The project has captured the memories and stories of local people talking about hobbies and past times which are largely out of fashion today. The archive will be housed at the Dorset History Centre in Dorchester when the exhibition closes for future generations to study.

Scalextric

Childhood Nostalgia: Scalextric

See the games, toys and activities enjoyed by people over the past 60 years. These include dolls, railway sets, comics and board games plus toys such as hula hoops, space hoppers and skateboards. With a variety of displays, and showcases, there is plenty to see and a lot to learn. Visitors can also listen to audio recordings of people talking about their hobbies and favourite free-time activities. Two screens show how people enjoyed their leisure time from the 1950s to the present day.

With rarely-seen photographs, plenty of activities for children and a reconstructed milk bar from the 1950s, there really is something for everyone.

The exhibition runs until Saturday 17th May. Dorset County Museum is open Monday to Saturday, 10.00am to 5.00pm.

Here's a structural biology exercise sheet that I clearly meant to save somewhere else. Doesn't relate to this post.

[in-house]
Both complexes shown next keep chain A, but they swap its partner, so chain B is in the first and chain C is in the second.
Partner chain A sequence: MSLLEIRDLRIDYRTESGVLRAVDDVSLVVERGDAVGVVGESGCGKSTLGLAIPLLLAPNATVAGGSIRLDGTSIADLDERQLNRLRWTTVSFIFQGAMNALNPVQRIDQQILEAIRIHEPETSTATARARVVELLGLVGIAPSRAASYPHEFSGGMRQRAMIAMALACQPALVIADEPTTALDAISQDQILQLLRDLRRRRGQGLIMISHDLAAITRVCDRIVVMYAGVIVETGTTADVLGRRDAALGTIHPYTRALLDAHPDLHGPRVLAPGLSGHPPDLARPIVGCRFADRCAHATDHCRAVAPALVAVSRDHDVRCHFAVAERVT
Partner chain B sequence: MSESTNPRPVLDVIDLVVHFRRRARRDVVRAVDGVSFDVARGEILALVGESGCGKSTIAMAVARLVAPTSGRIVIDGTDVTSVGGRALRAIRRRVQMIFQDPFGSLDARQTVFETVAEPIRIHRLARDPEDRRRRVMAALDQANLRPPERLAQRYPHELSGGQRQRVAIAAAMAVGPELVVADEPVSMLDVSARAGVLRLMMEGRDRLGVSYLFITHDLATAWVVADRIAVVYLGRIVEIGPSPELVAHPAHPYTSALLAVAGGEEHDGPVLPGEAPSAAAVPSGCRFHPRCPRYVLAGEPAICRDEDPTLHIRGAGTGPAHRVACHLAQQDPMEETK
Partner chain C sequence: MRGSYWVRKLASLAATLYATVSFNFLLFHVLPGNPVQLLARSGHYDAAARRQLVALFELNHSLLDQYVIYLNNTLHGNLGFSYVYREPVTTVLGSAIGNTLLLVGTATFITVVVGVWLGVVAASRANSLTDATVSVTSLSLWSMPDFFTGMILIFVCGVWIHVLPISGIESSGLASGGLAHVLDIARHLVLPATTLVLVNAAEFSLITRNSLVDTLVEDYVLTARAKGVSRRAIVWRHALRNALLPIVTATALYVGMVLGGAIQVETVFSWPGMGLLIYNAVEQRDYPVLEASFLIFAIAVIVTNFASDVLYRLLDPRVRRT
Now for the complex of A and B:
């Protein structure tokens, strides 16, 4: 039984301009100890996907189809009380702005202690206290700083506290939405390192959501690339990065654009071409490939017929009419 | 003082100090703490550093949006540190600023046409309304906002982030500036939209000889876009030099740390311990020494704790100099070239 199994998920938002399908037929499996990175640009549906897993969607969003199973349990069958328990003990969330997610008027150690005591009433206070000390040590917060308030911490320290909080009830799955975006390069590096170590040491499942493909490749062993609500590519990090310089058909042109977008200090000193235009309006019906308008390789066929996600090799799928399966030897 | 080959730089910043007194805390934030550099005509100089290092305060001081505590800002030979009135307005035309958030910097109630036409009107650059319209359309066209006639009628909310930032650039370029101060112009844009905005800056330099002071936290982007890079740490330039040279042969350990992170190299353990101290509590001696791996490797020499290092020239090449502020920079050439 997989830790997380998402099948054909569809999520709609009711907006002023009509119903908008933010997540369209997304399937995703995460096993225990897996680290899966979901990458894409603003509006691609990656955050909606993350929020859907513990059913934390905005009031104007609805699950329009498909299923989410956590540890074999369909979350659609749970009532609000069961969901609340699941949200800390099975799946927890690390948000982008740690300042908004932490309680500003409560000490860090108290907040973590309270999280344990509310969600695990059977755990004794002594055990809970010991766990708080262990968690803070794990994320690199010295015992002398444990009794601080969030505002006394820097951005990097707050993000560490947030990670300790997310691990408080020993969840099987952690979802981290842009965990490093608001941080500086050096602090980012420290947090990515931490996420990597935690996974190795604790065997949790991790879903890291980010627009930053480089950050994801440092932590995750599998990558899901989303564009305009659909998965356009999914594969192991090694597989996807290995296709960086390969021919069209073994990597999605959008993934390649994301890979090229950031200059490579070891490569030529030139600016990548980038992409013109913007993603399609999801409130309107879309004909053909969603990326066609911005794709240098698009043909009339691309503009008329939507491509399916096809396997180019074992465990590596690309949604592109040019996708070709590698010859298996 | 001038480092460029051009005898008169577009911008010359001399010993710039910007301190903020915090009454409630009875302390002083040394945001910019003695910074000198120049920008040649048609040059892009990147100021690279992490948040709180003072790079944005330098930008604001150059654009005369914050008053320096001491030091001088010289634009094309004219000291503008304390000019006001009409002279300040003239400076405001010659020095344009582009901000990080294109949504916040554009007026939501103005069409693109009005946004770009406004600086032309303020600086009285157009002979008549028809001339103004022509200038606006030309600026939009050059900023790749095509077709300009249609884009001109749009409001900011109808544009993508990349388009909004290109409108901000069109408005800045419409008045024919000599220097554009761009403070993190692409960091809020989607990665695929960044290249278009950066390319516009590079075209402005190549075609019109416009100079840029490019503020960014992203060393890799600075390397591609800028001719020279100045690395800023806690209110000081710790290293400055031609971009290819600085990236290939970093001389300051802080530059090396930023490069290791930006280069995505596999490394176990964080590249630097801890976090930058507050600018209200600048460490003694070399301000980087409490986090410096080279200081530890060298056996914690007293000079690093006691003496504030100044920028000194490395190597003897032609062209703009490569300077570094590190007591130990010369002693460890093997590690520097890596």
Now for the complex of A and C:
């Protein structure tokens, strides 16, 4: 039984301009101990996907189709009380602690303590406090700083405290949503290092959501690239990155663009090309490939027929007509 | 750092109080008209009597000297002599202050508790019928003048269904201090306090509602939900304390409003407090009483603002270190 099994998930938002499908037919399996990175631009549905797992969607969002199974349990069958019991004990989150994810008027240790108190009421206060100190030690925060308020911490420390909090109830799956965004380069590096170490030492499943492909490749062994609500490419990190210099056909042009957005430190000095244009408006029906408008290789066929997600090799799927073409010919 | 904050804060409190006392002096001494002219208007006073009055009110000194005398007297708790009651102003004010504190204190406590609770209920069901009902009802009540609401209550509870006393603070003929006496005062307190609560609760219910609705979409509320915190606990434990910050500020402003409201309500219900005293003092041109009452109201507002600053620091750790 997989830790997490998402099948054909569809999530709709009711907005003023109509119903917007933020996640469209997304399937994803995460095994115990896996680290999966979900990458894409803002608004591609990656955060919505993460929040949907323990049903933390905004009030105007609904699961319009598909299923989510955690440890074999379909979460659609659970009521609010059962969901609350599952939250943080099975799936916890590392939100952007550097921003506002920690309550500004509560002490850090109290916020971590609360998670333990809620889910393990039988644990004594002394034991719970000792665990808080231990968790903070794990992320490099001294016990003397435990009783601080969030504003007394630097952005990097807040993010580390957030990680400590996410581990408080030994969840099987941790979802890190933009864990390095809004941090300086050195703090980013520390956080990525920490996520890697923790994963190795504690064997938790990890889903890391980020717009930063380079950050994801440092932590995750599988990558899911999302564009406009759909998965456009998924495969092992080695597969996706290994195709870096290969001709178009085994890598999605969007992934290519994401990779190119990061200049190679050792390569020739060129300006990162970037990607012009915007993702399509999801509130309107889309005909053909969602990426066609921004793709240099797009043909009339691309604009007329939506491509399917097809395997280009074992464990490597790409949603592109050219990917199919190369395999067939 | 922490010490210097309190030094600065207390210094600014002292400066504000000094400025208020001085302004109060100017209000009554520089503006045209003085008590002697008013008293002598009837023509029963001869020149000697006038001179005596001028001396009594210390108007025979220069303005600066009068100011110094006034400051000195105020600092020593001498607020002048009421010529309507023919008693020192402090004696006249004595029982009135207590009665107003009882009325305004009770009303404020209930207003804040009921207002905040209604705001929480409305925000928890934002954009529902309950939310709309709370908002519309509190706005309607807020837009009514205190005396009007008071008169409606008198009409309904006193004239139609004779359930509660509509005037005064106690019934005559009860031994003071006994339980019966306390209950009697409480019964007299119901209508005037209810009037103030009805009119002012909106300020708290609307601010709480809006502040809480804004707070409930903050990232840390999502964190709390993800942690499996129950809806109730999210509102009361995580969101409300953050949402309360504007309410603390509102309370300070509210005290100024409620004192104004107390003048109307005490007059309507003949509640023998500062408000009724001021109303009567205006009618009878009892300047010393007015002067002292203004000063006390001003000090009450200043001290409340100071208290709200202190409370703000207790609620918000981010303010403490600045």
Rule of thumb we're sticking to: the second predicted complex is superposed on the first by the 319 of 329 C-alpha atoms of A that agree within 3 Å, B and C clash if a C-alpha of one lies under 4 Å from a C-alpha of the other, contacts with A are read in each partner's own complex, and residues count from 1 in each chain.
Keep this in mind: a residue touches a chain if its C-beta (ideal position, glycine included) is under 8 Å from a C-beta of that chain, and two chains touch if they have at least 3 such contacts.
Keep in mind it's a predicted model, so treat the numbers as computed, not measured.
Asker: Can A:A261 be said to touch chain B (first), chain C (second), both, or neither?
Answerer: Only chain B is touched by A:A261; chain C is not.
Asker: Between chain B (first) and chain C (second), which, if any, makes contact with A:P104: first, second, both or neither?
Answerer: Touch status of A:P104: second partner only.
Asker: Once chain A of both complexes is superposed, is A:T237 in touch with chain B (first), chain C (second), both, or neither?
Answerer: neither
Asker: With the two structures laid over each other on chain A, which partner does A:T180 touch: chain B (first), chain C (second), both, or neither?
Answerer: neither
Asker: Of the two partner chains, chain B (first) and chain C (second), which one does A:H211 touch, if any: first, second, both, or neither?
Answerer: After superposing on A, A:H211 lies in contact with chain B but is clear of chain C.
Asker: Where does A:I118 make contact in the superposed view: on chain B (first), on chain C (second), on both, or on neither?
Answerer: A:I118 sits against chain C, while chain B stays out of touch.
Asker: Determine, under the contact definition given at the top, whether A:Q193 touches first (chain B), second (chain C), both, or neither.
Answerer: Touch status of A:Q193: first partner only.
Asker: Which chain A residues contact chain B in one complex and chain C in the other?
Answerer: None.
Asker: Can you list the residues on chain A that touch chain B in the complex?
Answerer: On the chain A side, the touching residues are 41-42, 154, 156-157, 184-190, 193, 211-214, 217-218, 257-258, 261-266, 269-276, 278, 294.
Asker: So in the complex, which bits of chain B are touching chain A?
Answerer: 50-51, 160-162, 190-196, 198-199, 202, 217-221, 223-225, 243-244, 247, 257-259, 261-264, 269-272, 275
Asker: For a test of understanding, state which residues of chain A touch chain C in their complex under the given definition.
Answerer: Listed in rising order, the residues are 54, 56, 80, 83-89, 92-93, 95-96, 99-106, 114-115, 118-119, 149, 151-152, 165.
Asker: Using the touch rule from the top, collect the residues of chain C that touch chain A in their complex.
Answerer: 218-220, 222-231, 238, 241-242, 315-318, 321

For further information contact the Museum on 01305 262735 or check the website on www.dorsetcountymuseum.org

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Half Term fun and games at Dorset County Museum

Hula Hooping

Hula Hooping – an image from the current exhibition, Free Time at the Dorset County Museum

Dorset County Museum is running a free family activity during half term week.
The theme is toys and games from the past and ties in with the new exhibition which has just opened at the Museum: Free Time.

Children and their families will be able to play with toys and games from the 50s, 60s and 70s like Flying Hats, Flips or Slam!  Learn how to work a hula hoop, do some simple juggling, or play a game of hopscotch.  There will also be a selection of traditional wooden toys, dolls and card games to try out. Come along, play some new games, learn new skills and have a lot of fun at the same time!

All family activities during 2014 are kindly sponsored by Battens Solicitors through their Charitable Trust and are FREE. The activity starts at 10.30am on Wednesday 19th February and runs for two hours. Everyone is welcome and parents and carers must stay with their children during the activities.

For further information contact the Museum on 01305 262735 or check the website on www.dorsetcountymuseum.org

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FREE TIME – Our Stories of Leisure Then and Now